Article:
Exhausted Health Care Workers Brace for an Omicron Blitz


Just what health care professionals don’t want to hear. Omicron multiplies about 70 times faster than Delta or other COVID-19 variants inside human respiratory tract tissue, says a preprint study.

Look out, here comes Omicron.

Despite all the “we’re not out of the woods yet” warnings, despite the Delta variant’s staying power, despite the refusal of too many Americans to get vaccinated, despite the seeming indecision among health policy makers about just what constitutes a fully vaccinated person, despite concern over another holiday surge—despite all of that and more, the feeling that we might have finally been turning the corner on this horrible pandemic and heading back to normal had begun to settle in.

Maybe, just maybe, health care professionals who’d been working feverishly for the last two years would get a chance to relax, reset, and recharge. The vaccines work, at least to some degree. For the most part they prevent hospitalization and death. It didn’t seem as if any COVID-19 variant could come along and push Delta aside, and the United States had begun coexisting with what many hoped would be a seasonal but, for the most part, not lethal, seasonal occurrence.

Then came Omicron at the end of November. But even here, there seemed to be a silver lining. Initial clinical data indicated that Omicron presents with mild symptoms. Don’t be lulled into complacency, health care experts warn.

Bruce Aylward, MD, a senior adviser with the World Health Organization (WHO),said this week that “we’re concerned that people are jumping to a conclusion that this is a mild disease. A more transmissible virus can do just as much damage—or more—than one which is more severe but less transmissible.”

The damage Aylward referred to involves how already burdened hospitals systems would need to once more fight off a COVID-19 surge with exhausted health care professionals.

Saskia v. Popescu, PHD, MPH, MA, CIC, a member of Infection Control Today®’s (ICT®’s) Editorial Advisory Board, says that “Omicron, while not surprising in its existence, serves as a stark reminder of our global failures to respond to COVID—from vaccine equity, to continued vigilance in infection prevention. These new variants and the surge of cases are a painful and brutal reminder that our exhaustive efforts are still needed despite growing public disinterest in continued COVID efforts.”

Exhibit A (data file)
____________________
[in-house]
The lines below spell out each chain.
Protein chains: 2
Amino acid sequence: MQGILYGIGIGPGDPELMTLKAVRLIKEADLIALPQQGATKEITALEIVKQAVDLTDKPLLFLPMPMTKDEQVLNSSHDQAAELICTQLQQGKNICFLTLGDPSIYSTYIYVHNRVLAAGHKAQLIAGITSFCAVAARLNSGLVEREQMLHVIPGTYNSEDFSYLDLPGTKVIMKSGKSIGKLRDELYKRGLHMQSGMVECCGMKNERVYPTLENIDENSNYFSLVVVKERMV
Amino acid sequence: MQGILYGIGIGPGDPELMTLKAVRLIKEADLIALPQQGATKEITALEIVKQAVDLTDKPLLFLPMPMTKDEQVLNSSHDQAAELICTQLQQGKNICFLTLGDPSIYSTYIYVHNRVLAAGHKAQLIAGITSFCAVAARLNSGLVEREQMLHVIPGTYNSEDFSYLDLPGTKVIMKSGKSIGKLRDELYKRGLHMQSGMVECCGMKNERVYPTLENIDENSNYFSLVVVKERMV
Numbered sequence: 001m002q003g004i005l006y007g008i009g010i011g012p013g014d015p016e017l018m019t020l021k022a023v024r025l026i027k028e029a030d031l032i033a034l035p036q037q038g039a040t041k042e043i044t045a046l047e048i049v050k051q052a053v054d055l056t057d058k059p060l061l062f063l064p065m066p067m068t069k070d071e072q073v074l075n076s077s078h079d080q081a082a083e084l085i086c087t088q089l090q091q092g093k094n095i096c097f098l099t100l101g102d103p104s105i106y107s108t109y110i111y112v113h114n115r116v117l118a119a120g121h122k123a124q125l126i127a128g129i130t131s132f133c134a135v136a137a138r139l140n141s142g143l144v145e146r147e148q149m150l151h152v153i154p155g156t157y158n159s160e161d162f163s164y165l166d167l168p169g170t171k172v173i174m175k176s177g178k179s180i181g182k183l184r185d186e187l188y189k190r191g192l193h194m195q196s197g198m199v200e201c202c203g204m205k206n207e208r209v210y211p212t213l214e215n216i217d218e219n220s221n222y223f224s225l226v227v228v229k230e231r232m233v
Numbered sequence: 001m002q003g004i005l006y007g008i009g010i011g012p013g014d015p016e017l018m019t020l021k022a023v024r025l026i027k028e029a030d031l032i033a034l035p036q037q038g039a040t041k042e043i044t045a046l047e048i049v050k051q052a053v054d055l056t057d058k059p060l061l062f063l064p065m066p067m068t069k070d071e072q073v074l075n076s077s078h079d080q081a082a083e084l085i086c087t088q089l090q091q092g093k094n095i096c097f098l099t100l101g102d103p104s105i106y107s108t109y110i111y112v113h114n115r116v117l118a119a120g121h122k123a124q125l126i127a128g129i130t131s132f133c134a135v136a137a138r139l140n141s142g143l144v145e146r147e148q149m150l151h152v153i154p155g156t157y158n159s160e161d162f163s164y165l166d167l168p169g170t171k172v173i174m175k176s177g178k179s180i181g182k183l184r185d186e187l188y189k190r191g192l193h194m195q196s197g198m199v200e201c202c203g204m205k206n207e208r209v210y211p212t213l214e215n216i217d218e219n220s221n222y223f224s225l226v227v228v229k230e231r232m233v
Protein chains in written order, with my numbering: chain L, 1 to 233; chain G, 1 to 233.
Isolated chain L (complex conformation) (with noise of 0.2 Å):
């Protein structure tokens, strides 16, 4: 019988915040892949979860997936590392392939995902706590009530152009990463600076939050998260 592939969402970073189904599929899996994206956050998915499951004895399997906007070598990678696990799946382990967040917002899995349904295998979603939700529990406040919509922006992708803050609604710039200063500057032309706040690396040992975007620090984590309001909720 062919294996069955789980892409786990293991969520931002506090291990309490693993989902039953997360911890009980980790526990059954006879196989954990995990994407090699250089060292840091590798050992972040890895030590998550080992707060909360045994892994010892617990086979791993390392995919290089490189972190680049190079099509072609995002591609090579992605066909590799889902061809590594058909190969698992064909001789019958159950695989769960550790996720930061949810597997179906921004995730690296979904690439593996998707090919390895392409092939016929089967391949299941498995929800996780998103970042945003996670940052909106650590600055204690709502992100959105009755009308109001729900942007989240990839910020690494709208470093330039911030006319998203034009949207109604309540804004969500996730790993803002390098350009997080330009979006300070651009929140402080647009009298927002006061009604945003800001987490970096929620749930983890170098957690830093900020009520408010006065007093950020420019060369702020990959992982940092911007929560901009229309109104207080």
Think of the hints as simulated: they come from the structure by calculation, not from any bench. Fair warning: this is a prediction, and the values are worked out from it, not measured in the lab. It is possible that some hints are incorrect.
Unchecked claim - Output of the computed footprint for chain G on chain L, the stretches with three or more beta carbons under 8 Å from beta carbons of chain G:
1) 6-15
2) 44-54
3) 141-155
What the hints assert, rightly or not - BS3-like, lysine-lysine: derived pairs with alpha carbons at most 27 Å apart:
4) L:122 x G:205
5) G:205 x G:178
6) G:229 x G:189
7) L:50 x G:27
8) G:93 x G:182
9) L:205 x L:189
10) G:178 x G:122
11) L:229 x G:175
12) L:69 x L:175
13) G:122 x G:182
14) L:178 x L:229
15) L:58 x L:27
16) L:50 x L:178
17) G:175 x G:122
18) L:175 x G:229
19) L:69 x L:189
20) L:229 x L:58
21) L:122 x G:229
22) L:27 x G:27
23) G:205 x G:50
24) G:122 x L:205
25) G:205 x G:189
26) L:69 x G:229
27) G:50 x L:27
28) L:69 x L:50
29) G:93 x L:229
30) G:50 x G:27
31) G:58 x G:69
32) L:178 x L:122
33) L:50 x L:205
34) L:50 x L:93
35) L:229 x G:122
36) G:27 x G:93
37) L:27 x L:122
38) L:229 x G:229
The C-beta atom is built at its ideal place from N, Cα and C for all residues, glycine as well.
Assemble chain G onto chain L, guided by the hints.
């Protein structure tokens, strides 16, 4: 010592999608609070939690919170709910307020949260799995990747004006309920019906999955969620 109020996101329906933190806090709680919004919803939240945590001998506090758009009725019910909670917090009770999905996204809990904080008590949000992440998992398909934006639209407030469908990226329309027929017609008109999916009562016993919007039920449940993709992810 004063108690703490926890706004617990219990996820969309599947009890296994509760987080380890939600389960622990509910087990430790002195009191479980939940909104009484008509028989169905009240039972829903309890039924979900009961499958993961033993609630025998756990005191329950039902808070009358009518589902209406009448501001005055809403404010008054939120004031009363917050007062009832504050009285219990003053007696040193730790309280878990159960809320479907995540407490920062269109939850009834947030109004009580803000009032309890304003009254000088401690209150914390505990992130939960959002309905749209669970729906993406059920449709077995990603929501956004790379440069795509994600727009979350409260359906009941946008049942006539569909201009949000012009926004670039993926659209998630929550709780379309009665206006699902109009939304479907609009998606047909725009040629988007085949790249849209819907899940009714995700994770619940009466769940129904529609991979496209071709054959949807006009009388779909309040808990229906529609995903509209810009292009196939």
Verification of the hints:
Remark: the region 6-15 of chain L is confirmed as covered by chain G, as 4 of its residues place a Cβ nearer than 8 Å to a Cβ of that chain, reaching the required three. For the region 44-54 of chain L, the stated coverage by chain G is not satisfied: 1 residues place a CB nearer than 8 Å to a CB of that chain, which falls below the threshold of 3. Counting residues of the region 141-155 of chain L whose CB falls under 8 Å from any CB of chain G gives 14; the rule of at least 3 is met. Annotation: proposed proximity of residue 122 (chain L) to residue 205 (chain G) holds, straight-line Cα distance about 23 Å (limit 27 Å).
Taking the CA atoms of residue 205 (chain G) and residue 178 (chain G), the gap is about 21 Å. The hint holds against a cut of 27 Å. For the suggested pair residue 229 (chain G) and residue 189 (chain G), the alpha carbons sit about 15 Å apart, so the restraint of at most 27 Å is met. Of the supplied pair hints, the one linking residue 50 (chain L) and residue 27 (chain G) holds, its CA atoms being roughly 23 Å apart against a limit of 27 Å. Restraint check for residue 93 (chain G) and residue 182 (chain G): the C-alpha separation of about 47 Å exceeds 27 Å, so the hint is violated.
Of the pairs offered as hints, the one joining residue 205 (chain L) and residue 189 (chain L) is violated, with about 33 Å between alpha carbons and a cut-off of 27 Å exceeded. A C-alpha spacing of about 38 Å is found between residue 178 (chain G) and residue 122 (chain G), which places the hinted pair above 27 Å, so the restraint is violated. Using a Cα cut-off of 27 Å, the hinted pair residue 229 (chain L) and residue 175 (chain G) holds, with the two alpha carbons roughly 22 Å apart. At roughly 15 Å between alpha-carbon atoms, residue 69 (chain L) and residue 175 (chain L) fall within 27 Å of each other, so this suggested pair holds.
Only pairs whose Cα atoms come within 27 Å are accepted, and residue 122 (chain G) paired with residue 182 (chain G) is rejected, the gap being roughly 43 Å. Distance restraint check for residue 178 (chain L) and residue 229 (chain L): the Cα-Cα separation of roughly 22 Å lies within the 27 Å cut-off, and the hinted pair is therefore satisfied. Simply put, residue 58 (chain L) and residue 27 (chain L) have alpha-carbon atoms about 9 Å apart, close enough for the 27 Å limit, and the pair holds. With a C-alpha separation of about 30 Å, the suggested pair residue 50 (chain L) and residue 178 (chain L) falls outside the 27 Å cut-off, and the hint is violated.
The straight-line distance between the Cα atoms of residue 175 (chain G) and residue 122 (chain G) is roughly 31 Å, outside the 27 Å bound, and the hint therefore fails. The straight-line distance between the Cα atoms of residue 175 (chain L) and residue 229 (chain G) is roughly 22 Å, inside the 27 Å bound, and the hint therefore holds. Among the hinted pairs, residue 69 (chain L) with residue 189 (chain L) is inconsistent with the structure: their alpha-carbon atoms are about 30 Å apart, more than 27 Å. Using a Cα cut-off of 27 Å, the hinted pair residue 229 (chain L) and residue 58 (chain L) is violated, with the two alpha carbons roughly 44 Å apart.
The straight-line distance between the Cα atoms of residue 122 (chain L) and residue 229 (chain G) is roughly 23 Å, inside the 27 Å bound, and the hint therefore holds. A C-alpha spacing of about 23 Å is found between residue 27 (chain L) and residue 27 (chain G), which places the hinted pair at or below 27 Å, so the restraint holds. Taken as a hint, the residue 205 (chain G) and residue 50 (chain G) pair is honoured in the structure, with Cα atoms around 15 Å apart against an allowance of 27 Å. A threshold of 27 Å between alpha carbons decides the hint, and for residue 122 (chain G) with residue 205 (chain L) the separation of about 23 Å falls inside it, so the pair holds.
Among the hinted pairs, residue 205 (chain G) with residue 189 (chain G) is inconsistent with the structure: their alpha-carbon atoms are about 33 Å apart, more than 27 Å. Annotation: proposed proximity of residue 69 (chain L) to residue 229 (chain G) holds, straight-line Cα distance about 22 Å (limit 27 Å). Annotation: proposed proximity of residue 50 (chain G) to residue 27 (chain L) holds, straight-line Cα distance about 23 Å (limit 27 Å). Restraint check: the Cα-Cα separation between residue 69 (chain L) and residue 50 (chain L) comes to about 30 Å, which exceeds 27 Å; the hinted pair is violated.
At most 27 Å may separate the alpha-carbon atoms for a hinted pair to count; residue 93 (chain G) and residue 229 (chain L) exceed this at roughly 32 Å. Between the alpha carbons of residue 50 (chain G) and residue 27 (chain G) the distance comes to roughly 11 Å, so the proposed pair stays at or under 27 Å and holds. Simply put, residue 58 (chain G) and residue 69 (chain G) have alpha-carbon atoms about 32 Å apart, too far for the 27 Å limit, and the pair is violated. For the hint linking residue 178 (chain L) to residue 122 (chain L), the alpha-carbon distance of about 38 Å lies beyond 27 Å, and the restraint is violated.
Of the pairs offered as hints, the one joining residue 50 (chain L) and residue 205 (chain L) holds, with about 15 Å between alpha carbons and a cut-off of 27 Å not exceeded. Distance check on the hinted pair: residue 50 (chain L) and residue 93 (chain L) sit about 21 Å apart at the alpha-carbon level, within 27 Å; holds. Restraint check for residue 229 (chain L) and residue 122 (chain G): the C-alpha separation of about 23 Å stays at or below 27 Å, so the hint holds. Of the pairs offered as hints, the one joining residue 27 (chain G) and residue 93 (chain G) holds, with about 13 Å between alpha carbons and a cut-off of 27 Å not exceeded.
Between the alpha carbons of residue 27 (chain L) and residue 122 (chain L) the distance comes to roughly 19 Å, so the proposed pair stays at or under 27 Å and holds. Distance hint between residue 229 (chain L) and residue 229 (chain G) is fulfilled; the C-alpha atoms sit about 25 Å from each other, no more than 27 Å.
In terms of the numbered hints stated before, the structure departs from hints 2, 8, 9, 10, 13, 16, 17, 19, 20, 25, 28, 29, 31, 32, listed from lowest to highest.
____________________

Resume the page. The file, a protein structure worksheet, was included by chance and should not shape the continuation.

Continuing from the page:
Tedros Adhanom Ghebreyesus, the WHO’s general director, warned this week that “Omicron is spreading at a rate we have not seen with any previous variant. Even if Omicron does cause less severe disease, the sheer number of cases could once again overwhelm unprepared health systems.”

How much more can infection preventionists (IPs) and other health care professionals take?

As Axios reports this morning, “hospital workers have had little relief from COVID over the past two years. And that burned-out, dispirited workforce is again being overwhelmed by surges from Delta, while facing the specter of yet another wave from Omicron.”

ICT® EAB member Rebecca Leach, MPH, BSN, RN, CIC, says that “IPs are also feeling similar level of burnout and fatigue. Acknowledging those feelings and talking with other IPs or colleagues can help diffuse the stress.”

What doesn’t help is that it’s too early to determine just what we’re up against with Omicron. However, some data released this week give pause. The study has not been peer reviewed. Like most studies, it comes with limitations, such as the fact that the data were collected from experiments on human tissue infected with Omicron, and not on people who’ve actually been infected with the variant.

Still, the bottom line gives pause. Investigators with the University of Hong Kong report that “Omicron SARS-CoV-2 infects and multiplies 70 times faster than the Delta variant and original SARS-CoV-2 in human bronchus, which may explain why Omicron may transmit faster between humans than previous variants.” The study “also showed that the Omicron infection in the lung is significantly lower than the original SARS-CoV-2, which may be an indicator of lower disease severity.”

Leach says IPs will be needed more than ever.

“We all know that the staffing shortage is not going to improve, so we have to focus on ways we can help the frontline stay motivated to take care of patients and keep patient safety as a top priority,” says Leach. “Working with leadership to determine if there are some duties that can be transferred to other teammates so our clinical staff can focus on patients.”

ICT® EAB memberJody Feigel, RN, MSN, says that as health care professionals and “infection preventionists we need to take care of ourselves before we can help others. The simplest and cheapest ways are to exercise(take a walk, yoga, anything to stimulate the body and brain), get outside(fresh air does wonders for our minds and spirit) and deep breathe. Sometimes taking a deep breath is the only break we get in a day.”

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